How To Purchase Land in St Lucia

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how to purchase land and property in st lucia

Acquiring your ideal property in Saint Lucia can be a straightforward process, yet it’s essential to enlist the assistance of a knowledgeable local professional proficient in conveyancing, contract, and land law to navigate the complexities of how to purchase land in St Lucia.

Each property transaction is distinct. Prior to finalizing your purchase, consult with us to receive guidance on the optimal approach tailored to your specific requirements.

Guide on How to Purchase Land in St Lucia:

  1. Submission of an application for a “Certificate of Eligibility” and subsequently for the “Alien Landholding License” (Applicable to Non-Nationals only).
  2. Preparation and execution of the “Agreement for Sale” document.
  3. Preparation and signing of the “Deed of Sale.”
  4. Registration of the “Deed of Sale.

Certificate of Eligibility for Alien Landholding License (Non-Citizen or Non-CARICOM Nationals):

Non-Citizen or Non-CARICOM nationals must apply to the Citizenship by Investment Board for a Certificate of Eligibility, a prerequisite for seeking an Alien Landholding License to acquire real estate in Saint Lucia.

The Certificate may be issued for either one (1) year or ten (10) years. Within this validity period, an individual can acquire multiple properties using the same certificate, but a separate Alien Landholding License is required for each purchase.

The Alien Landholding License is a permanent authorization without the need for renewal. It applies to a specific property and is non-transferable once an “Agreement for Sale” has been executed.

Note: Upon obtaining an Alien Landholding License, the applicant becomes eligible to apply for an Alien Investor Entrance Permit, allowing indefinite stay in Saint Lucia for the license duration (property ownership). The application fee for the permit is USD500, plus courier fees.

The application fees are outlined as follows:

  1. Certificate of Eligibility – USD 3,000 + Professional Legal Fee of USD 1,500 = USD 4,500
  2. Alien Landholding License** – USD 2,500 + Professional Legal Fee of USD 1,500 = USD 4,000

Total Application Fees = USD 8,500

To initiate an application for an Alien Landholding License, each applicant must provide the following documentation:

  1. Birth Certificate or Birth Record (original or Certified Copy)
  2. Two passport-size photographs (taken within the last 6 months)
  3. Original Police Certificate of good Character from the country of origin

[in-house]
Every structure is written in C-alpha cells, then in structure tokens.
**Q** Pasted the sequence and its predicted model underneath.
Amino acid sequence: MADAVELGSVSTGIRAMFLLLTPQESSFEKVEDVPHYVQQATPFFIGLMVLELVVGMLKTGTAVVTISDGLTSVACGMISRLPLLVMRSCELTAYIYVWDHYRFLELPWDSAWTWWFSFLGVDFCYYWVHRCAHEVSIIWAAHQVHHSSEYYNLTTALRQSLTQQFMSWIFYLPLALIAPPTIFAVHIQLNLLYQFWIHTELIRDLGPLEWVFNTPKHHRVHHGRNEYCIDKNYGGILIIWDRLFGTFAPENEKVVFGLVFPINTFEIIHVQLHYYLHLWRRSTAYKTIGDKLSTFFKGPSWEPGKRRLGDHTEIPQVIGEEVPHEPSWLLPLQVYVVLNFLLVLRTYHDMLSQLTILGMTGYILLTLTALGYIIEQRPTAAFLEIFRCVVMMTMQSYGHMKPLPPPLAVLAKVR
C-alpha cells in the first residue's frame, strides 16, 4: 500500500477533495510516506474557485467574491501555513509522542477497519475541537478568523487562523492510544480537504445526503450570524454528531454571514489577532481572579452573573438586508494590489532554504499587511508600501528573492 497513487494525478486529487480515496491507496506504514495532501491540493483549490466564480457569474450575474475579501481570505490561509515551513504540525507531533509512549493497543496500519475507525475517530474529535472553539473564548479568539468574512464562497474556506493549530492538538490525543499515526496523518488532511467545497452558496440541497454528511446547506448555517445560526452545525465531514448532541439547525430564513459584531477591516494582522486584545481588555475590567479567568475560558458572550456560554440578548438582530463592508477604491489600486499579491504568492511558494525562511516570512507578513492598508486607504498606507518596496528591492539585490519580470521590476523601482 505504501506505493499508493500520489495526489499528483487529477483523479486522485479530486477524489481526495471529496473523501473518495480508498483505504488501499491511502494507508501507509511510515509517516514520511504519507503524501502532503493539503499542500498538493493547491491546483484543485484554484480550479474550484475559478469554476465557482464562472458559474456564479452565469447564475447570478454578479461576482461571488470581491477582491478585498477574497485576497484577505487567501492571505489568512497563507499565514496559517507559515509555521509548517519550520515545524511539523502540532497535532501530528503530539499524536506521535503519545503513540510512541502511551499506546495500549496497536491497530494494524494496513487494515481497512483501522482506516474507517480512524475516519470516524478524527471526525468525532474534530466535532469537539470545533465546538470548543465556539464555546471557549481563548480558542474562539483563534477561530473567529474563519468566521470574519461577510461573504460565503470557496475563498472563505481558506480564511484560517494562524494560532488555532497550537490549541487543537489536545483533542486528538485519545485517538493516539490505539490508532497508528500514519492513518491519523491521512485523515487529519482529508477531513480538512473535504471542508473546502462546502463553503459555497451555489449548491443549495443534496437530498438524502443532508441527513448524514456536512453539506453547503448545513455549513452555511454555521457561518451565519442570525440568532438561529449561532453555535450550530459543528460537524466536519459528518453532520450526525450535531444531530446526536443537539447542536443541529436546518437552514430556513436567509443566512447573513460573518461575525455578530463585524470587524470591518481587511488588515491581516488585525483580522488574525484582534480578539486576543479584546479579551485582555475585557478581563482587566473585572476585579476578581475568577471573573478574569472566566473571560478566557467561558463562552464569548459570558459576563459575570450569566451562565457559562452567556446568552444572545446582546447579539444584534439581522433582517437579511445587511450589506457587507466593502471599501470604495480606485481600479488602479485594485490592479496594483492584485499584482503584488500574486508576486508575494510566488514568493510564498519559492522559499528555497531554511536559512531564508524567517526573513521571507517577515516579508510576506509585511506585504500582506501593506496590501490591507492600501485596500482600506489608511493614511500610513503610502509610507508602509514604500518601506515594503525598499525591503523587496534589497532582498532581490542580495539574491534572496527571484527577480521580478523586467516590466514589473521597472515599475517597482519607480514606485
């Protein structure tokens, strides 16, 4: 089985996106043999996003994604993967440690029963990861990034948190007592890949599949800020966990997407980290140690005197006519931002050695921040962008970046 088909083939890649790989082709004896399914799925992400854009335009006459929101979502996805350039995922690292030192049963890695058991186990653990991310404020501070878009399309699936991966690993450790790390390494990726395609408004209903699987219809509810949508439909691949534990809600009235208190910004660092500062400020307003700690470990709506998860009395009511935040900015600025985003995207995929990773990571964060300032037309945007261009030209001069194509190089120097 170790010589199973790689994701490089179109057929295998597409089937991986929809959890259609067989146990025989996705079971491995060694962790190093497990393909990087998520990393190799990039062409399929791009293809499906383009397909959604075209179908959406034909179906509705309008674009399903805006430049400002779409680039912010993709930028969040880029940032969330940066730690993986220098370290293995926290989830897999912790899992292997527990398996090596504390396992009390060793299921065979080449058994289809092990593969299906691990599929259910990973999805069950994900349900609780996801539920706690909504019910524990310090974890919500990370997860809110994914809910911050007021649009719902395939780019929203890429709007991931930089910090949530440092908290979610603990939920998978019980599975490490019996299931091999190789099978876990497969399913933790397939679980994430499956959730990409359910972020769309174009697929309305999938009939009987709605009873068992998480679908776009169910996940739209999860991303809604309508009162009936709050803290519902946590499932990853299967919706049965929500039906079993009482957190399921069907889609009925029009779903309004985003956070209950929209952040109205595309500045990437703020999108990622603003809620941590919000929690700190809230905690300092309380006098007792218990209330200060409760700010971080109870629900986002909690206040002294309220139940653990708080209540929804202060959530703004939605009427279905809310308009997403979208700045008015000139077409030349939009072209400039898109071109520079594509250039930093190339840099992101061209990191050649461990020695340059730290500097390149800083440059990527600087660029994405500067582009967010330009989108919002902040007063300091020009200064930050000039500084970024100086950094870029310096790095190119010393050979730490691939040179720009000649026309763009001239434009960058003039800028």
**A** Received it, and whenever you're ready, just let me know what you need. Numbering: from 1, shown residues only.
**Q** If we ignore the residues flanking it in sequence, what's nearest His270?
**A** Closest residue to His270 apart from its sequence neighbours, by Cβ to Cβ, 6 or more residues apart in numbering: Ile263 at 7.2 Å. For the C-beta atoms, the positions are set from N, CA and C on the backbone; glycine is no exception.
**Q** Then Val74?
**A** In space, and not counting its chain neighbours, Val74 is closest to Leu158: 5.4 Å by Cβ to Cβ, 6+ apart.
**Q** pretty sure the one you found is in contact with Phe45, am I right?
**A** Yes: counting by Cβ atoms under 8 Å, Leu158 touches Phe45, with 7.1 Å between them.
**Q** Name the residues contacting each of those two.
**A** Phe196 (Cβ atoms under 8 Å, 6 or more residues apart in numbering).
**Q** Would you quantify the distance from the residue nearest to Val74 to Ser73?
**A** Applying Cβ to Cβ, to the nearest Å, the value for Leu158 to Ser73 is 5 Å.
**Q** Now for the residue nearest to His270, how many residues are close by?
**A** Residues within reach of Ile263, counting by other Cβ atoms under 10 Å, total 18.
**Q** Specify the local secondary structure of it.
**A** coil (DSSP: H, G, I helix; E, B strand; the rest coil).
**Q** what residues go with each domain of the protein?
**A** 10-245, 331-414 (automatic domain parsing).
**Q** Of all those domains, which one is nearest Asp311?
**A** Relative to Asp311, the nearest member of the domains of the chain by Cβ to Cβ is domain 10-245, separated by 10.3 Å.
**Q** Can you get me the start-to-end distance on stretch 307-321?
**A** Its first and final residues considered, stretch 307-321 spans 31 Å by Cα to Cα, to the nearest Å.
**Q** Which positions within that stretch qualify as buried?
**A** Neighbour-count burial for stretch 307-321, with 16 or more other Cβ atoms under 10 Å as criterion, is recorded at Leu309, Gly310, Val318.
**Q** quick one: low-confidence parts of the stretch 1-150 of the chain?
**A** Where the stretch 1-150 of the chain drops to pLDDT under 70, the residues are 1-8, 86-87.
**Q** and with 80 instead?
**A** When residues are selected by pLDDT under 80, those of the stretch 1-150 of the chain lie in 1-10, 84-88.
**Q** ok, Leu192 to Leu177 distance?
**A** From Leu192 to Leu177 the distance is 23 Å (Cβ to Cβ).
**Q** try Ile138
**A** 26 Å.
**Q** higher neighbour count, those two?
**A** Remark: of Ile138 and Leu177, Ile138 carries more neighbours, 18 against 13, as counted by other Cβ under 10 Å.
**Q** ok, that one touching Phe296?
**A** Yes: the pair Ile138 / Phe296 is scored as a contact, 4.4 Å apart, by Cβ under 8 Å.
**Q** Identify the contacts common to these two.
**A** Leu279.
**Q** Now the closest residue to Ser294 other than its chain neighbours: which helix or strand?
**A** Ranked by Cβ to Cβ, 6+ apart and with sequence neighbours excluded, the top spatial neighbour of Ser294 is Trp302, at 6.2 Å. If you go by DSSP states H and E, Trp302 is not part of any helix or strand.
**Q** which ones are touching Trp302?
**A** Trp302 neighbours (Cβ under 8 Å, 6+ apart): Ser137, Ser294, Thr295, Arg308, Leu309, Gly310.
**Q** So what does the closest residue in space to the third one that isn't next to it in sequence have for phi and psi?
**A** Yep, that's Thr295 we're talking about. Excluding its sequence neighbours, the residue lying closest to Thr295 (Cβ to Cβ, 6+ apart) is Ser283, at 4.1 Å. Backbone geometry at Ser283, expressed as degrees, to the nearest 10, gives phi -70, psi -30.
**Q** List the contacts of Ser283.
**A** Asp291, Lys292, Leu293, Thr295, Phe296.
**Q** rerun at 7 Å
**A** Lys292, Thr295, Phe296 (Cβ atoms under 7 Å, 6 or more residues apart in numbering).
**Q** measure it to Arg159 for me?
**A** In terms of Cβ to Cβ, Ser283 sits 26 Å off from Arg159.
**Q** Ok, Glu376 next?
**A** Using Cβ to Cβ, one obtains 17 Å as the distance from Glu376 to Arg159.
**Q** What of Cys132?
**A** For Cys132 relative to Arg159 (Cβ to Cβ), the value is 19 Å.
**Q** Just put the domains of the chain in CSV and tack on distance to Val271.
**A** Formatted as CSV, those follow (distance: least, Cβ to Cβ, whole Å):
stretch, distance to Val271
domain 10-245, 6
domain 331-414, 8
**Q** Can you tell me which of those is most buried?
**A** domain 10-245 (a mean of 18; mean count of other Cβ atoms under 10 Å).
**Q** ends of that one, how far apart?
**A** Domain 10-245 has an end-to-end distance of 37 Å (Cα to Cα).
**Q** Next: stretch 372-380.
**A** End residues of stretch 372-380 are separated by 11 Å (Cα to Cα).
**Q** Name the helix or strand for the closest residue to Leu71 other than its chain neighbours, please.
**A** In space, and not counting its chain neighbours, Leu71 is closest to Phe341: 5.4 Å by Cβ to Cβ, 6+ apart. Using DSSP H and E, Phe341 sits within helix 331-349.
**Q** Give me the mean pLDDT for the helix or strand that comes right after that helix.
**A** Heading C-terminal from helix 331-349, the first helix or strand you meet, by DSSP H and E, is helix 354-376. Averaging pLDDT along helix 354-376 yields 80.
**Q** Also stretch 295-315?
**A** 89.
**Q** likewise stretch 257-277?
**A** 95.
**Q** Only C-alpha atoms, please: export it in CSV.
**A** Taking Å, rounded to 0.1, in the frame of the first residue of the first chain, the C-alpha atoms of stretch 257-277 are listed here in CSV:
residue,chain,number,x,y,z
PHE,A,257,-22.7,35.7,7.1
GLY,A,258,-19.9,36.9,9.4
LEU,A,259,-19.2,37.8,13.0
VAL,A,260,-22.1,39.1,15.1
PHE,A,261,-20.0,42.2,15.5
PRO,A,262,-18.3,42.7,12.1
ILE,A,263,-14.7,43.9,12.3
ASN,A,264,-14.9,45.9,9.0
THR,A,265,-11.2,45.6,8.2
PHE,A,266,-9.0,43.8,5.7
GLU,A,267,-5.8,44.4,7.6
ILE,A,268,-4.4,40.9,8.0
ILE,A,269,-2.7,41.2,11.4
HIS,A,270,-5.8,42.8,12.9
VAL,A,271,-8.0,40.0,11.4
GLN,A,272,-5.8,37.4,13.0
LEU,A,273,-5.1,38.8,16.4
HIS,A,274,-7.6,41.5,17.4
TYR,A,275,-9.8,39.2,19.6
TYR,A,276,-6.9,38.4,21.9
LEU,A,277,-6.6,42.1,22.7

4. Bankers’ Reference Letter (dated no longer than 3 months from the application date)
  5. Certified copy of passport and citizenship details (copy data pages of passport)
  6. Non-refundable government application fees, as specified above
  7. Completion of the associated forms
  8. A Statutory Declaration affirming the accuracy of the Application contents

In the event of an Alien Company, the following documents are required:

  1. Certificate of Incorporation/Certificate of Registration (Certified)
  2. Certificate of Good Standing or its equivalent from the country of registration (Certified)
  3. Filed Corporate Documents (Certified)
  4. Notice of Directors, Shareholders, and/or Beneficial Owners of the Company (Certified)

For Certifications by Non-OECS Notary Royal, Attorney-at-Law, or Commissioner of Oaths, an Apostille is necessary.

For an OECS Notary Royal, Attorney-at-Law, or Commissioner of Oaths, a copy of his/her Practicing Certificate or equivalent must be provided.

** Note: The Alien License fee of USD 2,500 is applicable to properties with a land size less than or equal to one acre. For properties:

  • Greater than 1 acre and up to 5 acres, the Government fee is USD 5,000.
  • Greater than 5 acres and up to 10 acres, the Government fee is USD 10,500.
  • Greater than 10 acres, the Government fee is USD 10,500.


how to purchase property in St Lucia

Document: “Agreement for Sale” (Applicable to Nationals and Non-Nationals)

This document serves as the contractual agreement between the vendor and the purchaser, possessing legal binding force. It outlines crucial terms governing the transaction, including but not limited to the deposit amount, the timeframe for balance payment, conditions for completion, and any other essential elements leading to the property’s transfer with assured good title and vacant possession.

Upon signing the “Agreement for Sale,” the purchaser typically submits a deposit, often equivalent to 10% of the purchase price, held in escrow until specific conditions precedent are met or until the completion of the “Deed of Sale.” The clauses embedded in the “Agreement for Sale” guarantee the return of the deposit, along with the 10% forfeited by the vendor, should the vendor withdraw from the sale or fail to provide a good title. Depending on the circumstances and the terms of the agreement, additional legal remedies may be available to the purchaser. If the purchaser withdraws from the sale, their deposit is typically forfeited. The primary objective of the “Agreement for Sale” is to ensure that the vendor can convey clear title and refrain from selling the property to another intended buyer.

Prior to executing the “Agreement for Sale,” the customary legal procedure involves thorough searches at the Land Registry, commonly known as a Title Search. This process aims to confirm that the property is free from any encumbrances that cannot be rectified within the specified completion period outlined in the contract. Esteemed Estate Agents encourage and facilitate Registry searches, ensuring a seamless and legally compliant purchase process for prospective buyers.

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